Denver’s decriminalization of magic mushrooms in 2019 was followed by a cascade of city, county, and state-wide decriminalization efforts across the country. In the years since California, Michigan, Massachusetts, Washington and Washington D.C. have all had cities or counties decriminalized psilocybin and other similar plant-medicines. And in 2021, Oregon became the first U.S. state to decriminalize all psychedelics (and personal drug possession at large).
Now Colorado is moving toward state-wide decriminalization or legalization, with two separate ballot initiatives. But the two proposals are approaching that shared goal in very different ways.
“This is an incredible step to make, and I am so grateful that so many people are acknowledging the need for this change,” Veronica Perez, a representative for one of the two initiatives, the Natural Medicine Health Act, says. “I am beyond excited to be able to offer my fellow Coloradans more choices. I fully believe that the Earth offers us everything that we need to thrive.”
Advocates for the Natural Medicine Health Act submitted four versions of this bill’s potential ballot language to lawmakers. All of them were approved, giving the group a choice between four different iterations of legalization legislation. The group chose Initiative 58.
“It’s the most comprehensive of the initiatives we proposed and will ensure that all Coloradans have access to natural medicines in the way that works best for them,” Kevin Matthews, president of the Denver Psilocybin Mushroom Policy Review Panel and the campaign manager behind the 2019 vote to decriminalize psilocybin in Denver, says. “Initiative 58 is focused on opening access to as many Coloradans as possible.”
This proposed act would allow adults over 21 to possess, cultivate, gift, and deliver psilocybin, psilocyn, ibogaine, mescaline, and dimenthyltryptamine (DMT). According to Initiative 58’s language, though, only psilocybin would be immediately legalized, while the other specified substances couldn’t be legalized and regulated for therapeutic use until June 2026, giving lawmakers time to set up the rules for psilocybin first.
The Natural Medicine Health Act would also charge Colorado’s Department of Regulatory Agencies (DORA) with developing rules for therapeutic psychedelics programs for adults over 21 to receive treatment from a trained facilitator. Treatment could be done at a licensed healing center, privately with the patient at their own home, or at an approved healthcare location. It also includes a component authorizing convicted criminals to petition courts for record sealing of past convictions.
“Compared to other states, [Colorado has] the highest prevalence of adults who are suffering from [mental health] issues and the lowest rates of access to care,” Matthews says. “The Natural Medicine Health Act of 2022 will provide another option for individuals to find relief in their health and mental wellness.”
However, just a week after the language for the Natural Medicine Health Act was approved, another pro-psilocybin group filed a second ballot initiative, proposing a much different way of approaching the same vision.
Activists from Decriminalize Nature Boulder County argue that the best way to end prohibition and criminalization of psilocybin is through a simple, straight-forward state-wide decriminalization bill. Instead of setting up the whole regulatory legalization framework proposed in the Natural Medicine Health Act, Decriminalize Nature’s proposed ballot initiative, called Legal Possession and Use of Entheogenic Plants and Fungi, would buy time for dialogue, education and research, to inform future policies for full-on legalization.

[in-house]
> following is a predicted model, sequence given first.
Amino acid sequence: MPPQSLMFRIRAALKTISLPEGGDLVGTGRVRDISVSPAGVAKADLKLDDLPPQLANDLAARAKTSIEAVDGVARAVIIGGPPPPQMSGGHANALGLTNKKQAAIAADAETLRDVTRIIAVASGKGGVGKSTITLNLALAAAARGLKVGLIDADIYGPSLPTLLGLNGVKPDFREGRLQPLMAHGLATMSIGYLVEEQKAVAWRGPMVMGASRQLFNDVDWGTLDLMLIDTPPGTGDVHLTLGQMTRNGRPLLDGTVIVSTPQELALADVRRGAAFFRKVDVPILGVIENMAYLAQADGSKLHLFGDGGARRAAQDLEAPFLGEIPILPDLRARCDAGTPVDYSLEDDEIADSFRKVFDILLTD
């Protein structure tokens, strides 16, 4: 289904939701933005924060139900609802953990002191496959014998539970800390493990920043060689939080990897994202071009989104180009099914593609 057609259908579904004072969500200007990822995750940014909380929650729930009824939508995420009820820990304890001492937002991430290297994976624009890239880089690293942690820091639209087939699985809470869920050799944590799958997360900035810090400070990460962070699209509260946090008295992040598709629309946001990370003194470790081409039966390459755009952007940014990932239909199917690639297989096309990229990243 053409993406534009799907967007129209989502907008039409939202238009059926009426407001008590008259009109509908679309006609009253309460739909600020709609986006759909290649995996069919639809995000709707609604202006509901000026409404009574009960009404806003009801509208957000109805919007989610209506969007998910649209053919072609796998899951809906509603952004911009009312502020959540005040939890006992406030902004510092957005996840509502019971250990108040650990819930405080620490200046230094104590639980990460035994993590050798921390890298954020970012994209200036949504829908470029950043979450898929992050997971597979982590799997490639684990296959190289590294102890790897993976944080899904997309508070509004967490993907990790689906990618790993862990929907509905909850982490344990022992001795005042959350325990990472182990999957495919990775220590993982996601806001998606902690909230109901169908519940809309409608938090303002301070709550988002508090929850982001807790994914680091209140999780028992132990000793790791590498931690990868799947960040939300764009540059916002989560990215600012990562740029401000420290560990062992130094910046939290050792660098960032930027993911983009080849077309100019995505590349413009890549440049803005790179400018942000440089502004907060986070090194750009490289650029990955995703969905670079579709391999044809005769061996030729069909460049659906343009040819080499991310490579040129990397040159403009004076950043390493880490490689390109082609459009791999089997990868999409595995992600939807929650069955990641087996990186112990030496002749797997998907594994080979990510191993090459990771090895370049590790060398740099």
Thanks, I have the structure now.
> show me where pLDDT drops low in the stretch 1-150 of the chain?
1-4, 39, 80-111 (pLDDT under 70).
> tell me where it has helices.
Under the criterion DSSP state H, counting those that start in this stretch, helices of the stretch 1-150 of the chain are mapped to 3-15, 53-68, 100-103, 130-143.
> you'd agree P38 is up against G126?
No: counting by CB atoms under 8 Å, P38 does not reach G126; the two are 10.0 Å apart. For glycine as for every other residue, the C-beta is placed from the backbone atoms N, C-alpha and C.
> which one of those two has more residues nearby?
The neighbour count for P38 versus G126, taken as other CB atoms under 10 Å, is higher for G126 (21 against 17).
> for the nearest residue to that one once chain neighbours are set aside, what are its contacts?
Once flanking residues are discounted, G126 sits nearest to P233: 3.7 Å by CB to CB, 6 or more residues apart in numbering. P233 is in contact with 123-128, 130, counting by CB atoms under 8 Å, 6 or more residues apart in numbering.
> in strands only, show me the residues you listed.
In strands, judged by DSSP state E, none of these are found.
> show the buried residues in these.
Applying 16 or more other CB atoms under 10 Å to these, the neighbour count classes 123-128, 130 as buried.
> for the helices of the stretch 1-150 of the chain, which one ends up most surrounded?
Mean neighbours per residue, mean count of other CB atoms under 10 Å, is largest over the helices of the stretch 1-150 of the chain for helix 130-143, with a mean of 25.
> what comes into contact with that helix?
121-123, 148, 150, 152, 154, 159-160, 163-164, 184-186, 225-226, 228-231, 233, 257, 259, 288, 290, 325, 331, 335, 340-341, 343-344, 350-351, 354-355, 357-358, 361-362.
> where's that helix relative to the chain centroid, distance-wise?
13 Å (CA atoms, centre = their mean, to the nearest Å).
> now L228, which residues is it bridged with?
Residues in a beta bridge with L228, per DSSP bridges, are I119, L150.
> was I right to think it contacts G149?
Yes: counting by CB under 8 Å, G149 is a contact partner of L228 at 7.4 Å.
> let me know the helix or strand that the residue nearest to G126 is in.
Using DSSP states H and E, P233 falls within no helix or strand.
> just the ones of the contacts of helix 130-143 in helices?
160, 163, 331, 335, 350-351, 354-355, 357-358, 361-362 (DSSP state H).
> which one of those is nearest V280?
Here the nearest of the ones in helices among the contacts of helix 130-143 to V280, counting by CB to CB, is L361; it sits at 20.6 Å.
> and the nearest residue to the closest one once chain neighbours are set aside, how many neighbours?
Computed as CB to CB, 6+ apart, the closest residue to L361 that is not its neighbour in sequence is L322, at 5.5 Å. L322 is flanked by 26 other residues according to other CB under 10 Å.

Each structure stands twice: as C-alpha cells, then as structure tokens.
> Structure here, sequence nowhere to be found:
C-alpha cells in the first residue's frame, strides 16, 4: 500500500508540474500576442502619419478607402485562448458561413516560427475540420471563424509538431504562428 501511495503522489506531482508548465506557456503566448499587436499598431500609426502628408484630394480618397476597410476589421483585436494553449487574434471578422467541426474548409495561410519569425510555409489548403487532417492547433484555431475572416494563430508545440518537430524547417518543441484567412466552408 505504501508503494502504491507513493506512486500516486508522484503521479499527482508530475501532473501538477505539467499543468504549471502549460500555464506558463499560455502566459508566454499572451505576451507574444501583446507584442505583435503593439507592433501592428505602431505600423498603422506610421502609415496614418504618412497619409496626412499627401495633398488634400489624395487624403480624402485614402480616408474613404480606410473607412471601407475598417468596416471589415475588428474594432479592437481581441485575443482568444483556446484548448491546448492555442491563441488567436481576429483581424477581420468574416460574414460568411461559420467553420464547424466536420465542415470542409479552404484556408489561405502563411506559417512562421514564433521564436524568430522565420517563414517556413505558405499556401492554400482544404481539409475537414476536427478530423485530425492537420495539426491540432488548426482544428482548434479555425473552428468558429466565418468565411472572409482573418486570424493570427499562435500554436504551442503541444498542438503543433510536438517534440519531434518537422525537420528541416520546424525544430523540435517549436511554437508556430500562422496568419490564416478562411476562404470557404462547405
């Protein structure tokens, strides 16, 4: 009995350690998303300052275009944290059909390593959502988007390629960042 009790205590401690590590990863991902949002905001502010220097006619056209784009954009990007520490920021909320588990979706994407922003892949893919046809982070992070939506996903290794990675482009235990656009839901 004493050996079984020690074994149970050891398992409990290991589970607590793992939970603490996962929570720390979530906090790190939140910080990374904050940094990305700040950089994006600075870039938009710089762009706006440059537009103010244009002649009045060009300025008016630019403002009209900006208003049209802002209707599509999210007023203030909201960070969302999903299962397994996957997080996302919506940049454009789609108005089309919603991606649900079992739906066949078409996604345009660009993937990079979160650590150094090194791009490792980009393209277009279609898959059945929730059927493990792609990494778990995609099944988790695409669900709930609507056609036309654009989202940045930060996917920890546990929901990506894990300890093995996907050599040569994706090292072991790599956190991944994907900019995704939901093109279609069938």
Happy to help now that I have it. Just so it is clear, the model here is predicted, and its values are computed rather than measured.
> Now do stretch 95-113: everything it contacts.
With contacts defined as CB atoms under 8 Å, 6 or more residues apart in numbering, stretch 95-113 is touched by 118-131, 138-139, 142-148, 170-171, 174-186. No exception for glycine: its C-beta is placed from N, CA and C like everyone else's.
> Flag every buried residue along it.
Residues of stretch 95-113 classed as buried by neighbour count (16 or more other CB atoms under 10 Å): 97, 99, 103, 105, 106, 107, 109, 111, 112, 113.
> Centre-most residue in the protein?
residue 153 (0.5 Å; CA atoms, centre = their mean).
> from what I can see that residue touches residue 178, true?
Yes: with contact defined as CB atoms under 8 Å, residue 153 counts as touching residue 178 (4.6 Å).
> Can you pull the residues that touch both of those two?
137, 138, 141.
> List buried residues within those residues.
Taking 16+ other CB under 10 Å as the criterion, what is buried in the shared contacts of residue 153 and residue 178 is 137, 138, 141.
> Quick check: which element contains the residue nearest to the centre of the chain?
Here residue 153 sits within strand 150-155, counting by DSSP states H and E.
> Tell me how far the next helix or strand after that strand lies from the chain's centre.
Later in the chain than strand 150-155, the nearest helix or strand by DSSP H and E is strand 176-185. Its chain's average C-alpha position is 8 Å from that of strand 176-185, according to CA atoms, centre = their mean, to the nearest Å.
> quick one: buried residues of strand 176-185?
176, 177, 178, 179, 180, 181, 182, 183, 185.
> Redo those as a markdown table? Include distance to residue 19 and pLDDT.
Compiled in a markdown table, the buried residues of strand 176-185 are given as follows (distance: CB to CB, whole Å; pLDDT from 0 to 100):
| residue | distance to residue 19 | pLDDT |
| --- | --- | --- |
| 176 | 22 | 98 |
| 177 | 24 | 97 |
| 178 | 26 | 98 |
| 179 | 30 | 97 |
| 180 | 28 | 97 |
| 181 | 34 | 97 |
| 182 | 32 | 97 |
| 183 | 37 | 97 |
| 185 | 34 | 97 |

“Without decriminalization and the security it allows for affected communities to more effectively organize, regulatory models will make it difficult for the most disadvantaged groups of our population to continue to access the natural medicines they safely use to heal,” Nicole Foerster with Decriminalize Nature, stated in a press release. “To address this we are advocating for a simple change to existing laws around these controlled substances.”
The Decriminalize Nature measure would decriminalize the facilitation of psychedelic guidance services and therapy. Selling psychedelic mushrooms or psilocybin would remain illegal under this decriminalization measure, although possession of them and facilitation of therapeutic services with them would be decriminalized.
Either measure needs 124,632 signatures from registered Colorado voters in order to appear on the ballot. On one hand, having two such proposals in Colorado doubles the chances that one (or both) of these initiatives could end up on the ballot in November. On the other hand, the choice could divide proponents down the decriminalize vs. legalize demarcation line. Should both measures get enough signatures to be voted on, it could split support for either one.
The advocates with the Natural Medicine Health Act don’t seem worried about that.
“This is not a competition,” Matthews says. “We respect all efforts to get on the ballot.”
“To me, [having two ballot initiatives] is a demonstration of how needed freedom in the usage of psilocybin and plant medicines is,” says Perez. “It proves how many people are interested and supportive of our rights here in Colorado to choose how we want to heal.”
If both initiatives end up on November’s ballot, the one with the most votes would prevail in all particulars in which there is a conflict,” according to C.R.S. §1-40-123(2).
Correction: In the original article “Choosing how to heal” (Weed Between the Lines, March 17, 2022), we incorrectly stated that if both psilocybin initiatives end up on November’s ballot and both receive enough votes to pass, the one with the most votes “wins.” According to C.R.S. §1-40-123(2) the correct verbiage is “the initiative with the most votes would prevail in all particulars in which there is a conflict.”